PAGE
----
FERC Was Right to Reject DOE Proposal to Bail Out Coal Plants

Statement by Mike Jacobs, Senior Energy Analyst, Union of Concerned Scientists

Published Jan 8, 2018

WASHINGTON (January 8, 2018)—The Federal Energy Regulatory Commission (FERC) unanimously rejected the U.S. Department of Energy (DOE) proposal to force energy markets to provide failing coal-fired power plants and nuclear plants guaranteed profits—at the cost of consumers. DOE Secretary Rick Perry asked FERC last September to essentially bailout these plants, in a move that would have benefited the owners of coal and nuclear power plants, rather than consumers, and jeopardized competitive wholesale electricity markets.

Below is a statement by Mike Jacobs, senior energy analyst at the Union of Concerned Scientists.

“Federal regulators were right to reject a proposal that would have amounted to nothing more than giving coal and nuclear power plants billions of dollars in guaranteed profits at the expense of consumers. We don’t need to prop up plants that are closing due to market forces. Grid operators are having no problems keeping the lights on as more of the nation’s energy comes from clean, renewable sources.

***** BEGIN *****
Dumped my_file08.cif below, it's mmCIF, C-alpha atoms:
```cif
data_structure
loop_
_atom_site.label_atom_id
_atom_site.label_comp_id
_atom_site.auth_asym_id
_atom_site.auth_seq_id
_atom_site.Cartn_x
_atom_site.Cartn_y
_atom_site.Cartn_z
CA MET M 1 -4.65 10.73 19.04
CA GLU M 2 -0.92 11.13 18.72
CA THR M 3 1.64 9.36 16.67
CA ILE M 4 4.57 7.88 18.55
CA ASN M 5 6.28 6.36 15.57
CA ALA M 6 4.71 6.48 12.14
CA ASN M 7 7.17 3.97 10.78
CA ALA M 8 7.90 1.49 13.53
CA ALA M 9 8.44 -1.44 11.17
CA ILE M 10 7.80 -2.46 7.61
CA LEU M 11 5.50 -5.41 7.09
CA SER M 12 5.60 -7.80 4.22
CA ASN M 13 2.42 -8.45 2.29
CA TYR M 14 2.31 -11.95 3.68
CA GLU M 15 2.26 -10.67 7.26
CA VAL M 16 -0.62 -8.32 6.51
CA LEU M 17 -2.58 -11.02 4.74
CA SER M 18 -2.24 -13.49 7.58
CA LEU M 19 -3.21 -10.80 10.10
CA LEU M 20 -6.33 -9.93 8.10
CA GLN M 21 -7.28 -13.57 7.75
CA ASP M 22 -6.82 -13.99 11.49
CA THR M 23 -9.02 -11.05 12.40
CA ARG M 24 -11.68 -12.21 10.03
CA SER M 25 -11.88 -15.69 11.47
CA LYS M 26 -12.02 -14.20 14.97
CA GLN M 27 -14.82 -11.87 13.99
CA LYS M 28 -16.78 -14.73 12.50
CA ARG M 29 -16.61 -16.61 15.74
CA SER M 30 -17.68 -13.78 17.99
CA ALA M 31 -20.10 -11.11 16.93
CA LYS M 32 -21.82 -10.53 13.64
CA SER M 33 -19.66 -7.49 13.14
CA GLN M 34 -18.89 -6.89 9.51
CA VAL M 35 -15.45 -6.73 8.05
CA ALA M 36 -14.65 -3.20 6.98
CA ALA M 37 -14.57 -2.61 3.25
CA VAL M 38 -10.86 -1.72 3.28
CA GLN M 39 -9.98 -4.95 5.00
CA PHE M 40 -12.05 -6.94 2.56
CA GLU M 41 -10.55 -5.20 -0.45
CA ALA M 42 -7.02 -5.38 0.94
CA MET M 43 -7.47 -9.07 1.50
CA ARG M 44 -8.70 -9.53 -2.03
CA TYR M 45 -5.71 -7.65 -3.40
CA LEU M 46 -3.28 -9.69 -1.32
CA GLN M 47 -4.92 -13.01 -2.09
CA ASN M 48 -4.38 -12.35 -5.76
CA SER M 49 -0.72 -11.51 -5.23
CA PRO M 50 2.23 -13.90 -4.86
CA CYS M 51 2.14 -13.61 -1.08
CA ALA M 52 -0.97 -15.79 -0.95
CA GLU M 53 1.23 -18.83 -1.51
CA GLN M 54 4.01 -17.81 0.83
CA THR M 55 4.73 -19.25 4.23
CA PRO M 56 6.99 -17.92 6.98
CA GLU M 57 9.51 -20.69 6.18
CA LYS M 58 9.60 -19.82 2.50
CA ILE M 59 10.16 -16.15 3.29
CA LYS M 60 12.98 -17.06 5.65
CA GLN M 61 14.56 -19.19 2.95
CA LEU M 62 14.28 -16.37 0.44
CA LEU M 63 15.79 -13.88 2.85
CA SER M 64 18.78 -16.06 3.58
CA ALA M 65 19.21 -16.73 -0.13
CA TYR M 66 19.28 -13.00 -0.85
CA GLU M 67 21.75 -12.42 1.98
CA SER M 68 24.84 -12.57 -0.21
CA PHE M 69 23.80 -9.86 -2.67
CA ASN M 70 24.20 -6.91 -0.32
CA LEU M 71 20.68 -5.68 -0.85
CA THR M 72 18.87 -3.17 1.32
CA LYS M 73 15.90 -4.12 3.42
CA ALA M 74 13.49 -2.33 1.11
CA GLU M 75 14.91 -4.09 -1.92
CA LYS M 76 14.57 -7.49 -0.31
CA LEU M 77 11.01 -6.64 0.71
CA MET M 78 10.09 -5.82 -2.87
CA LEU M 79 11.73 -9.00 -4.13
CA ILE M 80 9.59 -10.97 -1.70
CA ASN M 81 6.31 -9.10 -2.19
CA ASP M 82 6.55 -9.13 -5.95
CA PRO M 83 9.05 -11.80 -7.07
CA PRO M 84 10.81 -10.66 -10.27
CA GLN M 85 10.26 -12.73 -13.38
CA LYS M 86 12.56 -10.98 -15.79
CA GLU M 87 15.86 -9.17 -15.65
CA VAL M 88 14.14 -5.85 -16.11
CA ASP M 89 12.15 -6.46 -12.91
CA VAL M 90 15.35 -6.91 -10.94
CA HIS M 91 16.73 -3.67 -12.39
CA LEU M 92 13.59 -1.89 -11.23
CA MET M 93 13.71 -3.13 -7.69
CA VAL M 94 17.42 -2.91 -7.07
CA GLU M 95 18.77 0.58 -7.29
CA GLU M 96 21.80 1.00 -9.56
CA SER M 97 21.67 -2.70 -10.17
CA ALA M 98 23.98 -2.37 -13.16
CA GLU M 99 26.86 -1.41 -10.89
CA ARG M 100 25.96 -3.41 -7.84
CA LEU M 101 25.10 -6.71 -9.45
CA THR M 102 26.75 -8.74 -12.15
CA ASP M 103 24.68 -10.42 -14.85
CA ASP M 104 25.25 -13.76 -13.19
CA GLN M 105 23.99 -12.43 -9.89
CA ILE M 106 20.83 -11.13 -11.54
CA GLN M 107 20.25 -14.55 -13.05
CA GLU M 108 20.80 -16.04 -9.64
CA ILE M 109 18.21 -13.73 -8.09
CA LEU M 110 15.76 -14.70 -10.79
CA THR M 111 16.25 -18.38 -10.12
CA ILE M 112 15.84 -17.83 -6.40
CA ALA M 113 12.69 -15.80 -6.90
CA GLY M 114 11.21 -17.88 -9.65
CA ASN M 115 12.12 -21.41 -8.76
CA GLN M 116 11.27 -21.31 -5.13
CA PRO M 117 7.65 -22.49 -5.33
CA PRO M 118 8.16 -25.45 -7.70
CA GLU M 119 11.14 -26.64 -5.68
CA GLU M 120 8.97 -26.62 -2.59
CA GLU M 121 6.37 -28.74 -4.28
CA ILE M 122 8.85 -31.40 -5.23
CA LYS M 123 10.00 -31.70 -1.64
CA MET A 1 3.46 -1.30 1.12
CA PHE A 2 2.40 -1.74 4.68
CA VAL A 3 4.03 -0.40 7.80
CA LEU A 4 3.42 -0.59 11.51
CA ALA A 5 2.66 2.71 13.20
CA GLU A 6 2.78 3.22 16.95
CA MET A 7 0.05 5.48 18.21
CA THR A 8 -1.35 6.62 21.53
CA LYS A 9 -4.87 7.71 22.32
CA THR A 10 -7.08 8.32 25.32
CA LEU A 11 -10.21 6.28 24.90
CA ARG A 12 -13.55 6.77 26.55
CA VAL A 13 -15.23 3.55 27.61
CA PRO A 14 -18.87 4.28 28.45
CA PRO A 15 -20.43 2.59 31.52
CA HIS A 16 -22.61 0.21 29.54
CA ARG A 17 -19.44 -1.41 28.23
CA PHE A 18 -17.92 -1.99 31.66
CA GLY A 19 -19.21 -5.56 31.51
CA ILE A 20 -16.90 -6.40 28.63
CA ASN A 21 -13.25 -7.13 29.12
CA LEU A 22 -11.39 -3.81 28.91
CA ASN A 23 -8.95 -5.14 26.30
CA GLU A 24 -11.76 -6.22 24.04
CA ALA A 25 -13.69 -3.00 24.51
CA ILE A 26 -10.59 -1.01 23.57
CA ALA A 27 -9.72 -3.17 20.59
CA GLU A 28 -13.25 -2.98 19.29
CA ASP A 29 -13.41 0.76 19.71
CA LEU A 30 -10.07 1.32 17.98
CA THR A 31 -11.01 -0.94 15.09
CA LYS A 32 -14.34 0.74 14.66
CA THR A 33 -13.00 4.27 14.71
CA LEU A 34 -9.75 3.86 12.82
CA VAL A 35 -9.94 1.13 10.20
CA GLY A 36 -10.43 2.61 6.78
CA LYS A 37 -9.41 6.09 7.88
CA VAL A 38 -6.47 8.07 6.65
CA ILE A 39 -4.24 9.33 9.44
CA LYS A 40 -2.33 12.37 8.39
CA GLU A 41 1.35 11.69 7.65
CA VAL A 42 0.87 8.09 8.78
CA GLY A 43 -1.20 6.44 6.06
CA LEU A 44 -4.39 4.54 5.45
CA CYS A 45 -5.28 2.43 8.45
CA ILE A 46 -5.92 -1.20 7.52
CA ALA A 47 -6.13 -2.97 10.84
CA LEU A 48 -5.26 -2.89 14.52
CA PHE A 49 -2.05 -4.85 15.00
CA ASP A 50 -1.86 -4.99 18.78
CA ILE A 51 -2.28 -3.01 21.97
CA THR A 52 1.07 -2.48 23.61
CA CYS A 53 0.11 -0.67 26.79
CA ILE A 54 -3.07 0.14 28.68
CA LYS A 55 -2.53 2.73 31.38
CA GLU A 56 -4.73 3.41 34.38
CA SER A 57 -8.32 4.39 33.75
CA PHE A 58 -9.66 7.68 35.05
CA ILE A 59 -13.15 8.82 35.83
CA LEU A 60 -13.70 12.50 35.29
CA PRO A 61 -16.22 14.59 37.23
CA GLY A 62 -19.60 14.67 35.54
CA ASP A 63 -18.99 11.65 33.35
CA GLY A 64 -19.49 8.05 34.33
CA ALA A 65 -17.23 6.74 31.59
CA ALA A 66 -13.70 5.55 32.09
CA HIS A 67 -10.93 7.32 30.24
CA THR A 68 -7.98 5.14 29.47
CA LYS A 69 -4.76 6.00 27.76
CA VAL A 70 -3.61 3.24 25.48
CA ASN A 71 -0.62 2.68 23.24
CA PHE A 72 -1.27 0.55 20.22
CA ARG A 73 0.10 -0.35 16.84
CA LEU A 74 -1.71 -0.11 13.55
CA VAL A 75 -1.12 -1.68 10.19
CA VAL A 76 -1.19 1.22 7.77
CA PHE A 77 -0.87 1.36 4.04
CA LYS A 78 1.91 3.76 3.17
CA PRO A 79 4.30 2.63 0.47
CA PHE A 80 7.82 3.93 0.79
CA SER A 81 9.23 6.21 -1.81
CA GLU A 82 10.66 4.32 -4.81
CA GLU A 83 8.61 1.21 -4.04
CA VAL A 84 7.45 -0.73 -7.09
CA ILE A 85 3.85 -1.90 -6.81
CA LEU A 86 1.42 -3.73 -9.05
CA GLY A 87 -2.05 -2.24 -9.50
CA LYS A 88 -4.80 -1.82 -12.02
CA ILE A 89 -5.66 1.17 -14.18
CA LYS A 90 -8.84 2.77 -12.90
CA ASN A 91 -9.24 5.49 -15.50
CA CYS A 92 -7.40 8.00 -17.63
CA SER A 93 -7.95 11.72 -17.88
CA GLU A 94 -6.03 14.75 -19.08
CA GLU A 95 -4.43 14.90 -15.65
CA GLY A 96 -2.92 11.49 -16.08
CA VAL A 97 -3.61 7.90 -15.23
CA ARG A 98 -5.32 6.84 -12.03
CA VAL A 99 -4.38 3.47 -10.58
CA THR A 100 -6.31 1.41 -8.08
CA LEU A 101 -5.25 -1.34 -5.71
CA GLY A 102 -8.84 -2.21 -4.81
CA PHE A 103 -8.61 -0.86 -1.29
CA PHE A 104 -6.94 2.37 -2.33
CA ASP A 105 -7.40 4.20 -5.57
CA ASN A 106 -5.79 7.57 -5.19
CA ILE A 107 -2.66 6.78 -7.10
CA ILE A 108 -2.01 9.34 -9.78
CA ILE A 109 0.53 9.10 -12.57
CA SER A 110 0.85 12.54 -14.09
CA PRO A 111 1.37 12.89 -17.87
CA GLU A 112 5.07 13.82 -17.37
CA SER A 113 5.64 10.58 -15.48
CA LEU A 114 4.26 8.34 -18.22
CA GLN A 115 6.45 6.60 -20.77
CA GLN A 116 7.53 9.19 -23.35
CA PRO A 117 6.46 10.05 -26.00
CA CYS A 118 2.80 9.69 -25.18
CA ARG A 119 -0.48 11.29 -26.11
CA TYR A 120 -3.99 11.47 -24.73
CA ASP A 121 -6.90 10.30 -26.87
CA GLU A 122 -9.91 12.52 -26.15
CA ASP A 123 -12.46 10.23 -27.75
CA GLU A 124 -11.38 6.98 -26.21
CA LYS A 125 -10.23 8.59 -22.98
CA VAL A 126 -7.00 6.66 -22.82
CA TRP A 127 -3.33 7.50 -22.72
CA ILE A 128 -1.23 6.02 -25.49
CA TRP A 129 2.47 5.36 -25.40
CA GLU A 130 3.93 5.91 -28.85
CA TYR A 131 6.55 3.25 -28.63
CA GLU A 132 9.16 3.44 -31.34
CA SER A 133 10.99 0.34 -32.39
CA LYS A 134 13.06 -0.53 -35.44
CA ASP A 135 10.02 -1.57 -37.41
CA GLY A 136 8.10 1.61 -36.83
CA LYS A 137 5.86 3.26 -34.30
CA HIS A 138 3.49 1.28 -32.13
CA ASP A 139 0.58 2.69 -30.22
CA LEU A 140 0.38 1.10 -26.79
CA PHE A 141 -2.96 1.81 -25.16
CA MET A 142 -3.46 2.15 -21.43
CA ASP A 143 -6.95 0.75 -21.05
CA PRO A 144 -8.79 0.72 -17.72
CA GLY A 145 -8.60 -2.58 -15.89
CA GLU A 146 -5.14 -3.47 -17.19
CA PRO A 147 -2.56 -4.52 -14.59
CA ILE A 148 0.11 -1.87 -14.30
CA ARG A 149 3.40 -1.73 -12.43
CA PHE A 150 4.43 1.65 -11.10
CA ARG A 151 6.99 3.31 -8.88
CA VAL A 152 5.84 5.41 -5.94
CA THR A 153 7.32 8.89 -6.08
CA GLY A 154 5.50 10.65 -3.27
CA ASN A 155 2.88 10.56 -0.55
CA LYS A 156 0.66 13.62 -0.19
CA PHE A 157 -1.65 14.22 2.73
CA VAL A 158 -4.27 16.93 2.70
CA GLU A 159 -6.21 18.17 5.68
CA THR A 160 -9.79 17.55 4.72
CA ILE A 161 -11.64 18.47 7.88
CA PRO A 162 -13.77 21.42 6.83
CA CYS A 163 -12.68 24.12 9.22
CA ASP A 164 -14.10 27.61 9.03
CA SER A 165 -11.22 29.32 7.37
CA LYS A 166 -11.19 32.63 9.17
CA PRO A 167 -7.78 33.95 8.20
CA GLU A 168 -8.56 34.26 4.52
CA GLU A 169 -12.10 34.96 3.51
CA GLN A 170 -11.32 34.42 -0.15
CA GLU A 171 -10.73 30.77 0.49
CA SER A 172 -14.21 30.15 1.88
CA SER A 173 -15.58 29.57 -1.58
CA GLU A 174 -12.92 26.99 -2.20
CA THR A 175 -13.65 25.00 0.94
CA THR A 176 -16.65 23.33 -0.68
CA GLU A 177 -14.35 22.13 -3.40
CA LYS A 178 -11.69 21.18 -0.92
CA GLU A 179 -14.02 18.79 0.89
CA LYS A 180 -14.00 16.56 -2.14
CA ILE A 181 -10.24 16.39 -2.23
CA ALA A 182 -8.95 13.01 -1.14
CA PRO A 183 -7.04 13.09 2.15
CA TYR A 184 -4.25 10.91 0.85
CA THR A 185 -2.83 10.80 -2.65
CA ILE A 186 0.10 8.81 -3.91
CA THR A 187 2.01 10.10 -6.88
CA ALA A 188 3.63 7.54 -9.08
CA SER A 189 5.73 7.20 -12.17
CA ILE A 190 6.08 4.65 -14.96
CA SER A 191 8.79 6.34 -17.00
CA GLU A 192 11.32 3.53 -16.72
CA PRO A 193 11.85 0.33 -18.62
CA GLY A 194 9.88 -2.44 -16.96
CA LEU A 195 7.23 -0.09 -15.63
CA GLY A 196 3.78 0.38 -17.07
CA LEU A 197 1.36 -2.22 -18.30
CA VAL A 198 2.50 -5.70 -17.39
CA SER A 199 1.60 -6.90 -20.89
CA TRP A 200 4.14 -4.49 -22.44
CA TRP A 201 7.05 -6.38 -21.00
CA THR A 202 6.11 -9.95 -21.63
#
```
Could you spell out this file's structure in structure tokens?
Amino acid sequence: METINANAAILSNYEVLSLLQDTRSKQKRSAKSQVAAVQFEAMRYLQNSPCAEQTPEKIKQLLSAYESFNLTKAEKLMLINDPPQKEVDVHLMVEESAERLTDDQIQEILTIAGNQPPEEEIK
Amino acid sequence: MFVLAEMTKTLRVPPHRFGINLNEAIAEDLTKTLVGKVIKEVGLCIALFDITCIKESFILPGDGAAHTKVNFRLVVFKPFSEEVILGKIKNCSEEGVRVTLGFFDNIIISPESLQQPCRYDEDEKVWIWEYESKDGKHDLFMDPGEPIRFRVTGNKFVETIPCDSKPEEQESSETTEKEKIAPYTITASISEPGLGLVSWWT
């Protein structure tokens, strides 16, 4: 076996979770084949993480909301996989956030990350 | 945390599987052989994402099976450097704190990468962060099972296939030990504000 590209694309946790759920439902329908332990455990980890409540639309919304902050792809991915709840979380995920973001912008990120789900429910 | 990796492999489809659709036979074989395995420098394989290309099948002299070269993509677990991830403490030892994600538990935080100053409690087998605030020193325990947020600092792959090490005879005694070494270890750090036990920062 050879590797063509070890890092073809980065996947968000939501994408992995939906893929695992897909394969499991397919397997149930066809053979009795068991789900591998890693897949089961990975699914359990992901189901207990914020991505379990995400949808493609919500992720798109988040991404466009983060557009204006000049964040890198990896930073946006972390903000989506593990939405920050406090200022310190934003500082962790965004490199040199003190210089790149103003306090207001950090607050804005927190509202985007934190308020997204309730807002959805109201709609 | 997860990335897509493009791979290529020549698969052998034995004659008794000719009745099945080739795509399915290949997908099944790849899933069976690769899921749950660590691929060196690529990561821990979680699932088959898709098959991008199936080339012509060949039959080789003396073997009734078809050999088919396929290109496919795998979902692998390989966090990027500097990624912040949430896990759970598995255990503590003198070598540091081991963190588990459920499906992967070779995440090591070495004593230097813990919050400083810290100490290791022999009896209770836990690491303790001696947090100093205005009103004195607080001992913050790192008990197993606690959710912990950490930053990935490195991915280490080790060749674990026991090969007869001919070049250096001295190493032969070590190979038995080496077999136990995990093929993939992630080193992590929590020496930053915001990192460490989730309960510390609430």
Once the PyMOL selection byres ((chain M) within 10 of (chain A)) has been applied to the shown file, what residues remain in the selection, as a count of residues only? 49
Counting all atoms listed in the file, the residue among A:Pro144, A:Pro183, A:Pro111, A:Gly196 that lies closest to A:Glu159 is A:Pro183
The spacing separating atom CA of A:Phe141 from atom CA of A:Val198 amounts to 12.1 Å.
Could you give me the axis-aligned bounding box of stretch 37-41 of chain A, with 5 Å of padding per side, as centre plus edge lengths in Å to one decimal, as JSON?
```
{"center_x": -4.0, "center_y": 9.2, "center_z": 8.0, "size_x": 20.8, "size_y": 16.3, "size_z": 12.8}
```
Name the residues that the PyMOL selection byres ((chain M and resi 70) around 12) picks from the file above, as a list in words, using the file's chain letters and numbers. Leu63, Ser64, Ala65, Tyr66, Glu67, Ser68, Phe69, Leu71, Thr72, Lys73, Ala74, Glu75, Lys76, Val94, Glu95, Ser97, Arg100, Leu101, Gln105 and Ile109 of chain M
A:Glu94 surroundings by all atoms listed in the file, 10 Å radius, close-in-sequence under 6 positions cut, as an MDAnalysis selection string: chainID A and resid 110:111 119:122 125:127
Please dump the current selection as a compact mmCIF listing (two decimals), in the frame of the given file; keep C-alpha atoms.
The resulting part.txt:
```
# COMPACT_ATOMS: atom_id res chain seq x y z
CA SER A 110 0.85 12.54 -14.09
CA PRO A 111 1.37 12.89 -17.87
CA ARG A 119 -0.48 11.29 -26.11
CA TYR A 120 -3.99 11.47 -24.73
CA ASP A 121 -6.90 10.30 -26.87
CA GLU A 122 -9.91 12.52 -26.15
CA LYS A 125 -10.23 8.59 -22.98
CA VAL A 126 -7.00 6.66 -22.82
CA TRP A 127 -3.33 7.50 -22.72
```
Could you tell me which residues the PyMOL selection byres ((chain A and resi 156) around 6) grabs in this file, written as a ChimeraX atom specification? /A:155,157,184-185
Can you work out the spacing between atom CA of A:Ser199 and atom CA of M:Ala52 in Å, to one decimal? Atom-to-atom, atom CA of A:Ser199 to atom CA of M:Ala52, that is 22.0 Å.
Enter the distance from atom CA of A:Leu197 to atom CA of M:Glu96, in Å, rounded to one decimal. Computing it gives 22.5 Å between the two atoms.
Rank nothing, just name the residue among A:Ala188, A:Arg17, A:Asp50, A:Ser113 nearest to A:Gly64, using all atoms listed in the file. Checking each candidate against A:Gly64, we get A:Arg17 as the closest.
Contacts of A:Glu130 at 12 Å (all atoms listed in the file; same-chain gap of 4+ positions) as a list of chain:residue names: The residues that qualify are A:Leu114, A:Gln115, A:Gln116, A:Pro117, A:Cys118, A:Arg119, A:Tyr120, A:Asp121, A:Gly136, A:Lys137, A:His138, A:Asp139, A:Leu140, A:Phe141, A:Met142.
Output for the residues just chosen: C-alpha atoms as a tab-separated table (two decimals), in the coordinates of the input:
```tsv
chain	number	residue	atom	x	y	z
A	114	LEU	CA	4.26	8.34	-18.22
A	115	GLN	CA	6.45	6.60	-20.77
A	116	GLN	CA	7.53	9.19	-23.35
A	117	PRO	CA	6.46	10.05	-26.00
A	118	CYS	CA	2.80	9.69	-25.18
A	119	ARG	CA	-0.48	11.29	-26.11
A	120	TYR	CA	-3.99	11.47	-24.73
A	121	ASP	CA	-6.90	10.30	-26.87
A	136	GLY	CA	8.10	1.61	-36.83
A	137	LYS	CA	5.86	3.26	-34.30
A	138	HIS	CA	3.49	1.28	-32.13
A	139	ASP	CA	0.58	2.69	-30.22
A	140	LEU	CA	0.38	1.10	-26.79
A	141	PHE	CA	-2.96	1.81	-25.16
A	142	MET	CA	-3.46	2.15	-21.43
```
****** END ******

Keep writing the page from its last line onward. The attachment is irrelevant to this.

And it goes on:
“Energy regulators must follow the law and act on the best available science, and not pick winners and losers based on political alliances. Secretary Perry’s attempts to tip the scale in favor of uneconomic coal and nuclear power plants to provide a “resilience” benefit that doesn’t exist would have increased carbon emissions, raised costs to consumers, and distorted competitive markets.

“The question for FERC was: are you pro-markets and pro-solutions, or do you support old technology?  It’s crucial to maintain market competition to generate solutions that fit unique energy demands. FERC’s decision is a step in the right direction in forward-looking improvements for a cleaner, more resilient and reliable electricity grid.

“If we’re going to adjust prices to value resilience, let’s be smart and get public benefits out of the changes. Rather than limiting contributions from certain energy sources, such as renewables, FERC must continue to consider what is best for consumers, drives private investment and protects the environment.”